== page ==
Wisconsins Mass Incarceration of African American Males by John Pawasarat and Lois M. Quinn, University of Wisconsin-Milwaukee Employment and Training Institute, 2014
In 2013 the University of Wisconsin-Milwaukee Employment and Training Institute (ETI) completed a study on Wisconsins Mass Incarceration of African American Males. The study documented what the black community already knew full well that the state of Wisconsin had incarcerated over half of the young black men from Milwaukee County in state correctional facilities and that thousands of men from central city Milwaukee neighborhoods had state prison records. A June 2014 ETI report examining statewide data found prison rates for African American men at epidemic levels throughout Wisconsin and not just in Milwaukee County. For most ex-offenders, their prison records remain publicly posted on the Internet and impediments to employment for the rest of their lives. Consequently, the ETI reports identified the total populations of African American men who have been incarcerated in adult state correctional facilities from 1990 to 2012, using Wisconsin Department of Corrections (DOC) public inmate records. The United States has the highest incarceration rate in the world, according to the International Centre for Prison Studies (2012).
Incarceration rates per 100,000 population
The 2010 U.S. Census data showed Wisconsin with the highest incarceration rate in the U.S. for African American men in state prison and local jails and double the national average.
Wisconsins rate of incarceration of black men (1 in 8) is 10 times higher than the rate for white men (1 in 81), according to 2010 U.S. Census data. While the incarceration rate for African American men is the worst in the country, the Wisconsin rate for white men is near the U.S. average.
The Department of Corrections public inmate files showed that 26,222 African American men from Milwaukee County had been imprisoned at some time from 1990-2012 or were currently incarcerated in 2012. Over half of African American men in the 30s and half of men in their early 40s from Milwaukee County have state prison records.
8.1% 8.2% 8.4% 8.6%
9.1% 9.4% 9.7%
Ten Worst States for Incarceration of Working Age African American Men (2010 U.S. Decennial Census)
0% 2% 4% 6% 8% 10% 12% 14%
% of Men (18-64) in State Prisons and Local Jails
Wisconsin rate1 in 81
1 in 8
This is not a Milwaukee problem. It is a Wisconsin problem. Statewide, half of the African American men in the 30s have been in state prison as have a third of men in their late 20s.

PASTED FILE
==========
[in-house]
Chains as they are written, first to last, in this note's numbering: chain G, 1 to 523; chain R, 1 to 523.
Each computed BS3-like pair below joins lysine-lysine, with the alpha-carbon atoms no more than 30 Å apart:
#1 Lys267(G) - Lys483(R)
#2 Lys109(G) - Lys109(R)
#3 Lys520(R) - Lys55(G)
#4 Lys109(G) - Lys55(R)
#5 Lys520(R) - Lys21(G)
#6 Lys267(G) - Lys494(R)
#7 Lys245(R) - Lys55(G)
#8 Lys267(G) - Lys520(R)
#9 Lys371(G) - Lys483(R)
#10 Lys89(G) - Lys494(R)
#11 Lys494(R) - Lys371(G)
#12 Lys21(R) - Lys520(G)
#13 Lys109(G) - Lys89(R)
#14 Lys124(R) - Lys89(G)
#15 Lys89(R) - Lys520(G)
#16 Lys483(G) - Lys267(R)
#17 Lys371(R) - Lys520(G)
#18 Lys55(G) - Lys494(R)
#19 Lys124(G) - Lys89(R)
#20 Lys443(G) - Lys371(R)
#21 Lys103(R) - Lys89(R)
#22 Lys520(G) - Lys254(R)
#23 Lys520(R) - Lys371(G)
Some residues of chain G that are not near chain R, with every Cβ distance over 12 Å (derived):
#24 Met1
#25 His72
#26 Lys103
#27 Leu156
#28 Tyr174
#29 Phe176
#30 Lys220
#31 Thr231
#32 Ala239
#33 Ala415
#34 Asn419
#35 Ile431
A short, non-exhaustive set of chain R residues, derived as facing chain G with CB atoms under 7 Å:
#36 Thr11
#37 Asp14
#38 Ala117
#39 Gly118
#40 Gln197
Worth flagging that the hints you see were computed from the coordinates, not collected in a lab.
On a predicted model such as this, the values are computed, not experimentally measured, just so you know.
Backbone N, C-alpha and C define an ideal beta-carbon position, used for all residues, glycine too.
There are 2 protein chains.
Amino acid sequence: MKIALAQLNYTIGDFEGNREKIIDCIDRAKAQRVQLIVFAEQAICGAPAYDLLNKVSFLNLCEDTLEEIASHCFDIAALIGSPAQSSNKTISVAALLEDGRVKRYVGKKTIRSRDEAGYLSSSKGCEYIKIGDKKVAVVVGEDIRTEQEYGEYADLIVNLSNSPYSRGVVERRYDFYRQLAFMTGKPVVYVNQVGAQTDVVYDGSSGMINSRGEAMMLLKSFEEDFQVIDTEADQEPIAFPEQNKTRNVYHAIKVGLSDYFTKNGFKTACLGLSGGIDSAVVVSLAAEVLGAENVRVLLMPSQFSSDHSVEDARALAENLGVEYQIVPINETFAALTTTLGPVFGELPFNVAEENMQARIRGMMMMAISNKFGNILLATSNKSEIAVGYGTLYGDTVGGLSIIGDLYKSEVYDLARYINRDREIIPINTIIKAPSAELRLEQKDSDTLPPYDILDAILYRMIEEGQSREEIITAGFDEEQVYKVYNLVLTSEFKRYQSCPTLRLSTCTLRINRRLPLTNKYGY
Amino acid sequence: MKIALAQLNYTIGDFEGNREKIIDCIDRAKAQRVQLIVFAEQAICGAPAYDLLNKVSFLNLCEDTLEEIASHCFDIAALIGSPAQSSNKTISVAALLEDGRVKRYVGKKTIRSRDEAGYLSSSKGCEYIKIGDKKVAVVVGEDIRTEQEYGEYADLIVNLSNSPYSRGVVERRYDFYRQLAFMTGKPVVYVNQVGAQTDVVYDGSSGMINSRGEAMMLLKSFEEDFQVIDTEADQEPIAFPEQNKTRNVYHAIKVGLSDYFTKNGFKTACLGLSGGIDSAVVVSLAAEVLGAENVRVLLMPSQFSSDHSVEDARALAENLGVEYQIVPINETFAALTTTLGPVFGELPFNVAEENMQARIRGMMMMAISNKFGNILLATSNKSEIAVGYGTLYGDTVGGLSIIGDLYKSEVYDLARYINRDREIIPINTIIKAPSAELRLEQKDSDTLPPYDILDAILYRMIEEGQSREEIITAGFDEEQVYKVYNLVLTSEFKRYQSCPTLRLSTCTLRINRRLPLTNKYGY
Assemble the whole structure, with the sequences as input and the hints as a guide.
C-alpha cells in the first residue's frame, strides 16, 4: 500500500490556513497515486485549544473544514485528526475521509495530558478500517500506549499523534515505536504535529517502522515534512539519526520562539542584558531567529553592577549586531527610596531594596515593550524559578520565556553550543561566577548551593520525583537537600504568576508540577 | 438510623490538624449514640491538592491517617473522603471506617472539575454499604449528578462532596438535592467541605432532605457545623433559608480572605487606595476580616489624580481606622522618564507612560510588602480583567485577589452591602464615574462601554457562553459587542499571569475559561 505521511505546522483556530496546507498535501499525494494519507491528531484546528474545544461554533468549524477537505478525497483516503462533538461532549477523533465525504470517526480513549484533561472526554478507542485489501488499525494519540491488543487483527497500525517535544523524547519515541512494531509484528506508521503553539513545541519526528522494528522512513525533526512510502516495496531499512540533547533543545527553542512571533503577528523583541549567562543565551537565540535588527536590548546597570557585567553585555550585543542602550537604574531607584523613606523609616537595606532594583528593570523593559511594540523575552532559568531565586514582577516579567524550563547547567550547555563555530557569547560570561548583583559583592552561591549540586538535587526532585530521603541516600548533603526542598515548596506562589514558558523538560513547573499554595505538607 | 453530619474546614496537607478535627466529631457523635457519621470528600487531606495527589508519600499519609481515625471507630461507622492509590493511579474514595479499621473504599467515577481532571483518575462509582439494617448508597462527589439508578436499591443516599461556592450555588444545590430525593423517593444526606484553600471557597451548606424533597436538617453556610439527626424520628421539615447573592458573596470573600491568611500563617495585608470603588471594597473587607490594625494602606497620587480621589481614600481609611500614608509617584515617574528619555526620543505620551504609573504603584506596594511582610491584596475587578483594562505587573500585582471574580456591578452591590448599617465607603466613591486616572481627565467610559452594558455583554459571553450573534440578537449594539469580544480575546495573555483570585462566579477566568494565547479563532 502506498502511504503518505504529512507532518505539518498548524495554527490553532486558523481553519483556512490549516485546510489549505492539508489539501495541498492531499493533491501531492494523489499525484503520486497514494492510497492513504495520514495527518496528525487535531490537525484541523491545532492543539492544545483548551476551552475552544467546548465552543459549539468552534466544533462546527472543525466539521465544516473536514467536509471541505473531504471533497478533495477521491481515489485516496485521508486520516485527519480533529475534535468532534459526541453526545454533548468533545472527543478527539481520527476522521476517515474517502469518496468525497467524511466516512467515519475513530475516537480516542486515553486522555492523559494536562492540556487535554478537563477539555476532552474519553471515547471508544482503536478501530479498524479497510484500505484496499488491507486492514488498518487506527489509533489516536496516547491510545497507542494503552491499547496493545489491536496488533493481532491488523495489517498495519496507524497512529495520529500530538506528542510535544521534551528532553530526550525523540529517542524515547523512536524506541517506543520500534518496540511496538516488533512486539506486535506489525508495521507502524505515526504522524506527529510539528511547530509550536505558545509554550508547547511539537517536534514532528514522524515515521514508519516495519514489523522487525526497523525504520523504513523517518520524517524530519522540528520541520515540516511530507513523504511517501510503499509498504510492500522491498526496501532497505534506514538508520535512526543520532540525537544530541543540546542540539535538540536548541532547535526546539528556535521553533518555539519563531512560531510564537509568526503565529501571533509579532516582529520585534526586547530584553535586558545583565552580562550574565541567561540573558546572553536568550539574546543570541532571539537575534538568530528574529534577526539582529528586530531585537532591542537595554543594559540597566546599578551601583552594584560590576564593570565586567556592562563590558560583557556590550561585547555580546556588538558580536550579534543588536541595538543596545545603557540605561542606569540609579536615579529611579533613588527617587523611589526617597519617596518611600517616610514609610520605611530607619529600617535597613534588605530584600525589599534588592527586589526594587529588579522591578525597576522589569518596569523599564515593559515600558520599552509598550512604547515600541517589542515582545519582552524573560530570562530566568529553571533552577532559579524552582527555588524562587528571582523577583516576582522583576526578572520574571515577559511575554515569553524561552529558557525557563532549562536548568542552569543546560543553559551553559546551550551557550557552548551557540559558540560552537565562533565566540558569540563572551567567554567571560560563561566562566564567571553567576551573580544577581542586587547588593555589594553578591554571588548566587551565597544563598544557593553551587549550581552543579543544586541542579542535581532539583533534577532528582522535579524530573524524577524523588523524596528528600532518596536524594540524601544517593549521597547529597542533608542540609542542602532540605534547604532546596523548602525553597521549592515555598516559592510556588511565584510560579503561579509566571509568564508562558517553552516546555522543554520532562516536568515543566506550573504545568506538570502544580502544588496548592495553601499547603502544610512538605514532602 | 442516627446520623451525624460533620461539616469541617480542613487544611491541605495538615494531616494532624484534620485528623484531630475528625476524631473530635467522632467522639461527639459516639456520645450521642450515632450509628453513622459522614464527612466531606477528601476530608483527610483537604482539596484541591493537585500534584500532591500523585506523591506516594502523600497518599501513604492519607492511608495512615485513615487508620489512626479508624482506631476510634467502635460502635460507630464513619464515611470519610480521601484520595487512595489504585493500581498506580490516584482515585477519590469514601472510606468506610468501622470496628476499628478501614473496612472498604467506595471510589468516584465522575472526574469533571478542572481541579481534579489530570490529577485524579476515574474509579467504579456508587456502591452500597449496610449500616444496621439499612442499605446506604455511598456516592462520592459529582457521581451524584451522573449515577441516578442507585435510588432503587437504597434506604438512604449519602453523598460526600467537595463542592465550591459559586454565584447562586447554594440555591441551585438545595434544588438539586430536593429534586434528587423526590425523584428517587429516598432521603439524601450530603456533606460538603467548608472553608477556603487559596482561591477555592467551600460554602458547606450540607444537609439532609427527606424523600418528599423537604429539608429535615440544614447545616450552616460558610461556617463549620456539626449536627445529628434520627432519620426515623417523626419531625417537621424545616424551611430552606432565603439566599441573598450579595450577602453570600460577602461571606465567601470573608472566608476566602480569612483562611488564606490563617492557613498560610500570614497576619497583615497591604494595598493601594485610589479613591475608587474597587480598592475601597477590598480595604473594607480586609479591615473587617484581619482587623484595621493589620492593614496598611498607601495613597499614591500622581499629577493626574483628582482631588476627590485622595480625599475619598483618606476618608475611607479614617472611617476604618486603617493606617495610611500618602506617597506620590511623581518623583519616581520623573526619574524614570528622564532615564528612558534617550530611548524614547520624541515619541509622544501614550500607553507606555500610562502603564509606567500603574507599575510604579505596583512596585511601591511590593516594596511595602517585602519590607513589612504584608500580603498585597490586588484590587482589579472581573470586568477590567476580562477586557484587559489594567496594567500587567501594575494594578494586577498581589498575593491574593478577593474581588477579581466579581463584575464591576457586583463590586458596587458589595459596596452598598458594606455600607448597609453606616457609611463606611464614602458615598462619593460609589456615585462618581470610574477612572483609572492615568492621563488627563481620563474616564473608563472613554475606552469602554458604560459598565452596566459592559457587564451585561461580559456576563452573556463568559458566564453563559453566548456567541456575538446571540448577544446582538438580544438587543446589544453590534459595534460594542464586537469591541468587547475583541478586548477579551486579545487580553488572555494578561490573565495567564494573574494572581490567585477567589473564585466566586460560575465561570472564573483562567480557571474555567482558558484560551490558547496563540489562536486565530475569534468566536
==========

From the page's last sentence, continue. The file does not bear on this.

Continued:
High prison rates are seen for black men throughout Wisconsin. The largest number of men serving time come from (and return to) the poorest neighborhoods of Milwaukee. Home residence of black male prisoners (incarcerated and released)
The prison population in Wisconsin has more than tripled since 1990, fueled by:
increased government funding for drug enforcement (rather than treatment) and prison construction.
truth-in-sentencing and mandatory minimum sentencing laws replacing judicial discretion in setting punishments.
concentrated policing in minority communities. state incarceration for minor probation and supervision
The War on Drugs Yearly male prison admissions from Milwaukee County with drug-related offenses. (Some men have admissions in multiple years.)
$ It costs $512,000 a day to incarcerate African American men from Milwaukee County in state prison (est. for January 2012). Wisconsin allocates more state tax dollars to the Department of Corrections than to the University of Wisconsin system (2011-2013 biennium). The 26,222 black men incarcerated from Milwaukee County spent over 116,000 years in prison from 1990 to 2012. One-third of the African American men incarcerated from Milwaukee County had only non-violent offenses. 40% of the incarcerated African American men from Milwaukee County had drug offenses.
John Pawasarat, director of ETI and co-author of the studies, noted, These levels of incarceration have devastating impacts on children and families and represent a huge loss of labor force talent for Wisconsin. Without effective workforce, drivers license, and education supports we could lose half a generation of young black men. For more information, see the University of Wisconsin-Milwaukee Employment and Training Institute website at www.eti.uwm.edu.
51% 49% 47% 41%
20-24 25-29 30-34 35-39 40-44 45-49Age in 2012
% of African American Men in Wisconsin Who Have Been Incarcerated in State Correctional